Logically, I know that I’m giving this all too much space in my head but emotionally… well, it’s not great. I find myself staring for hours at blank walls on bad days and there are more of those than ever. I find that often, any positive event is followed by a disproportionately low period. My ability to focus and concentrate is sporadic and very short. And worst of all, I find it difficult to enjoy my crafting in the same way which takes away most of my personal productivity.

I’m working with a therapist on CBT but I’m not sure, in fact I’m fairly certain that now is not the best time for this. I am already vulnerable and unsettled, and the trigger is something that I cannot resolve on my own.

I don’t know where I’m going with all of this, or even what it all means but I’m hoping that venting here will help me some.

I have a new long-term project. A friend in my knitting group showed us a crocheted blanket she was working on and my friend G and I decided to get the kit and make our own. She’ll need some crochet lessons but it’s a simple pattern repeated several times on every row so the paper pattern is really only needed for the colour order. It’s this pattern/kit by Attic24 (I have no affiliation with Wool Warehouse but can tell you that my order with them was a smooth transaction and arrived quickly).

I’m 2 rows in but have crocheted as much as three – I missed a stitch at the beginning of the first row but didn’t notice until I’d reached the end and I’m enjoying it a lot more than I expected to. 200 stitches is a lot more than I usually work with.

Things I’m trying to do to regain some control over my scatter brain :

* daily journal/planner that allows me to record mood, craft/education, tasks, cleaning and eating/medication.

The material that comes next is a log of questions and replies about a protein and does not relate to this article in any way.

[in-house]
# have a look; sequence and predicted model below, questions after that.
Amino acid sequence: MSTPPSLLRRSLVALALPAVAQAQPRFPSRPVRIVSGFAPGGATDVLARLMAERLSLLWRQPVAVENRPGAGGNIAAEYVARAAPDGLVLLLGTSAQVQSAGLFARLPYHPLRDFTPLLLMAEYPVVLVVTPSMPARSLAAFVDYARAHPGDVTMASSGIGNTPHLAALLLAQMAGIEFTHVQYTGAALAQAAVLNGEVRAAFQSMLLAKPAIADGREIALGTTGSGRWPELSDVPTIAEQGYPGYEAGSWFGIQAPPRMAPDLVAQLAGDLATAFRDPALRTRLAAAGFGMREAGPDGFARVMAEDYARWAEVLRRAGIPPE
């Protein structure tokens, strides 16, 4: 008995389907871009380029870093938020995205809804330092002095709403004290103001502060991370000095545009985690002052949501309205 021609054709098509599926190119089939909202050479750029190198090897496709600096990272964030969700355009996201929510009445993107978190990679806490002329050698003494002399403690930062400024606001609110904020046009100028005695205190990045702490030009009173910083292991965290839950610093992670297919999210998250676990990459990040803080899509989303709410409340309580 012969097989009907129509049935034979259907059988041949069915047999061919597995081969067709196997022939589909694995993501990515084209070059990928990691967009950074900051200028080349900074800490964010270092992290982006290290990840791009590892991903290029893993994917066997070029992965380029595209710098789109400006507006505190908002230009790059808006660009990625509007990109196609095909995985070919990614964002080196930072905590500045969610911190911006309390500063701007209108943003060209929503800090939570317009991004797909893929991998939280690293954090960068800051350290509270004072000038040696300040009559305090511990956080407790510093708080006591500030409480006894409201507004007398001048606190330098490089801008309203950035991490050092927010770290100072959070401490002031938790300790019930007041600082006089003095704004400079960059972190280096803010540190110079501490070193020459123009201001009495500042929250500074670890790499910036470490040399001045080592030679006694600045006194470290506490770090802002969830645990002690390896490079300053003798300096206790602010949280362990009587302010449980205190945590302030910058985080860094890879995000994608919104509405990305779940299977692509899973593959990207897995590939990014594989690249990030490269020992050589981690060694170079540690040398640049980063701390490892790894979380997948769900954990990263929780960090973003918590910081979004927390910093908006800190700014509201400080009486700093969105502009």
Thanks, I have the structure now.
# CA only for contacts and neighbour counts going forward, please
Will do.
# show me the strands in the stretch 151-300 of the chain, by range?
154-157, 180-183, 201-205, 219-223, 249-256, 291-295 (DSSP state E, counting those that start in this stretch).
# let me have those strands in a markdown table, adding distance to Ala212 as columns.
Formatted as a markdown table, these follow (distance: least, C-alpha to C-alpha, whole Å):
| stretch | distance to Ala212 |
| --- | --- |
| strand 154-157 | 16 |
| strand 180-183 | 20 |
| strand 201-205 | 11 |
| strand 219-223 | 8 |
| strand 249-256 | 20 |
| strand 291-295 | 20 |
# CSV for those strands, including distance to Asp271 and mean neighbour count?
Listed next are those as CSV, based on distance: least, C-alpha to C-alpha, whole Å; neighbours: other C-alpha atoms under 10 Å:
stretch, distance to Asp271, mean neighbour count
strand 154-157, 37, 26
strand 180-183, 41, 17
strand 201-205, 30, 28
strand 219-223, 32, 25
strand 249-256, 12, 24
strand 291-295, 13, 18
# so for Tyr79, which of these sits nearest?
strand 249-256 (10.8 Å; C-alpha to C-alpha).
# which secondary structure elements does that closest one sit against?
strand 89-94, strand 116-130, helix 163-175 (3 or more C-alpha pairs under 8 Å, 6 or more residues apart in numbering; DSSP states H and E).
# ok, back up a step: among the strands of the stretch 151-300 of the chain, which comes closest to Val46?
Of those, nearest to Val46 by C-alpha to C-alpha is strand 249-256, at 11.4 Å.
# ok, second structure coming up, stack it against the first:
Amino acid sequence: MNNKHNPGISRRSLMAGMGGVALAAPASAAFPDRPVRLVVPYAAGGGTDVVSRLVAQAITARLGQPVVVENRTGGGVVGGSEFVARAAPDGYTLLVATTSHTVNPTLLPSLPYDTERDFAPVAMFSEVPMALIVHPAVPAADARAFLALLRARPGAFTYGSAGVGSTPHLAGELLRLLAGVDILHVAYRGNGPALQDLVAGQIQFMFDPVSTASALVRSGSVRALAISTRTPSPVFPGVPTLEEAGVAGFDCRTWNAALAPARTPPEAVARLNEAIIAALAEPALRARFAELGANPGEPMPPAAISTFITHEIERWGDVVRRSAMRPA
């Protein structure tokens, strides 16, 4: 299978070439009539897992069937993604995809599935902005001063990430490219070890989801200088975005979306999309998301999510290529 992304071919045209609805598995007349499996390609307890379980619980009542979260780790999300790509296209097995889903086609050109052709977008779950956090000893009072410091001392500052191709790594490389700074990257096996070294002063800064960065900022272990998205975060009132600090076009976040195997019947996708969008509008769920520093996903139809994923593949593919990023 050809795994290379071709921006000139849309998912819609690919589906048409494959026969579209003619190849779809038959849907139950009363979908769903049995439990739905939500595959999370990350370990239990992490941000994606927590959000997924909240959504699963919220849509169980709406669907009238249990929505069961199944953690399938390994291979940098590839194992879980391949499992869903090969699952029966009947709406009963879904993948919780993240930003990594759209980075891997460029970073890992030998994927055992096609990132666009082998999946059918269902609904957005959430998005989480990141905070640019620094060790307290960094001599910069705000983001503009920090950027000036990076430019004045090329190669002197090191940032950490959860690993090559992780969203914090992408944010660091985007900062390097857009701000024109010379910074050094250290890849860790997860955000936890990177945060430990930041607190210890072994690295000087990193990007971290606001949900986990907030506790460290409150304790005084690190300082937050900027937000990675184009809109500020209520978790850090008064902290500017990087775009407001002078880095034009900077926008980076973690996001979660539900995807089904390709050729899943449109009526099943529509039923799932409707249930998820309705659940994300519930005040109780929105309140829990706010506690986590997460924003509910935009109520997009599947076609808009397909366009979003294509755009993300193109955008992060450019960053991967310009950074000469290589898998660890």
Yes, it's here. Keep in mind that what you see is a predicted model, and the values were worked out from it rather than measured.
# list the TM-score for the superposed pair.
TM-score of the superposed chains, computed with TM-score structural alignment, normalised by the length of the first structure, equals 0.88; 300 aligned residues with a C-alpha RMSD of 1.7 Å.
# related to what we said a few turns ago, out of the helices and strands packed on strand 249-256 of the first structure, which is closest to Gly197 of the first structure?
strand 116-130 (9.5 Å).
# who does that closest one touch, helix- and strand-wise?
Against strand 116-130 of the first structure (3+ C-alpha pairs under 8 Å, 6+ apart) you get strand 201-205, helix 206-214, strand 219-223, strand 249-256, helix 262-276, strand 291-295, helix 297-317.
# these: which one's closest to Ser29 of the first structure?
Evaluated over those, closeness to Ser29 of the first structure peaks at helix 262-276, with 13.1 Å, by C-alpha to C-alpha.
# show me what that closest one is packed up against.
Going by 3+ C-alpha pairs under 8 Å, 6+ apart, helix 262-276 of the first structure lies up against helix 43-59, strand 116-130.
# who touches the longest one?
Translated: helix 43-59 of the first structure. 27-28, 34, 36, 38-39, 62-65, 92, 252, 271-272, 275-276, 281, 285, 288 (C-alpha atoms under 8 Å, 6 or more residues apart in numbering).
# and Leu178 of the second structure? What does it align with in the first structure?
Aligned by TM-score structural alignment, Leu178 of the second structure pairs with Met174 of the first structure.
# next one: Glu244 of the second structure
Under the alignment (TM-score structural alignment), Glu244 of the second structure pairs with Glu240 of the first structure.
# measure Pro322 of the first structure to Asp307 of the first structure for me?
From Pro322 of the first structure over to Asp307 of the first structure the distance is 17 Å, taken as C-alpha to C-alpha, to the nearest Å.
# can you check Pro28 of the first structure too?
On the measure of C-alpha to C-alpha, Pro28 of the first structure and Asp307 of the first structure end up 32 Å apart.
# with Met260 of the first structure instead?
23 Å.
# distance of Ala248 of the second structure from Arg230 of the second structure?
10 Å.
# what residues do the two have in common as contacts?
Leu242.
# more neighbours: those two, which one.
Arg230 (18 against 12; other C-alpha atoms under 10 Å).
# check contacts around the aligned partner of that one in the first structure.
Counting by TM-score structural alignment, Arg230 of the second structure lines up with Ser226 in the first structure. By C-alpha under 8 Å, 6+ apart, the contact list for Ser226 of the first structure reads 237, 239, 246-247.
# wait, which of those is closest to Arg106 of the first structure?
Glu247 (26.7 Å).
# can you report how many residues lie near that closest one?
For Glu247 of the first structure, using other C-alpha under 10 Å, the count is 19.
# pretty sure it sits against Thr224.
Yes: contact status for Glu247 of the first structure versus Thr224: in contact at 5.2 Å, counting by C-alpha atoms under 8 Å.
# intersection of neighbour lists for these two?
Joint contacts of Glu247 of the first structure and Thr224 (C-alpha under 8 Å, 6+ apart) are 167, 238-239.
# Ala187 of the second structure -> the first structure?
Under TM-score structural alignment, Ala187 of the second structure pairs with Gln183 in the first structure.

* limiting the number of projects I work on for any given craft. For example, in my work bag I have 1 knitted shawl (Solar Flare), 1 knitting design (a headband and it’s variations), 1 art therapy colouring page, 1 large crochet project (ripple blanket). This is enough to keep me entertained and give me some choices but doesn’t overwhelm me (and some days, just choosing which coloured pencil to use is too much).

* going to therapy

* going to my knitting groups

* spending time with my friends outside those groups.

It probably looks like a pretty regular sort of plan to most of you. It’s a lot of hard work for me. Trying to rein in my attention is exhausting.

Day 195

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There are 1052 rows in the pattern for the iconic Doctor Who scarf that Tom Baker wore. This is the scarf I have been knitting for my husband. It is so very late but guess what I just cast off?! Tomorrow I start the epic sewing in of ends.

I posted Meghan Trainor’s ‘All About That Bass’ a few days ago. When my husband is more familiar with a pop song than I am, I know that it’s been too long since I last listened to the radio. This is not the first pop song gone viral that I missed. Yeah, I missed Carly Rae Jepson too. If you did and still haven’t heard ‘Call Me Maybe’ let me remedy that.

Day 194

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Didn’t feel like knitting but as with praying, it’s when you least feel like doing it that you are most in need of doing it. I have been struggling since coming home from the hospital with being on my own. This shows in many ways but one of the most blatant is my withdrawal from crafting.

That being said, I can offer no visual proof of actually knitting my trapezoid tonight because the battery on my phone has finally given up and is refusing to charge. And so, I am without a camera.

Tonight is Melissa Etheridge for no other reasons than that I love this song and her voice is incredible.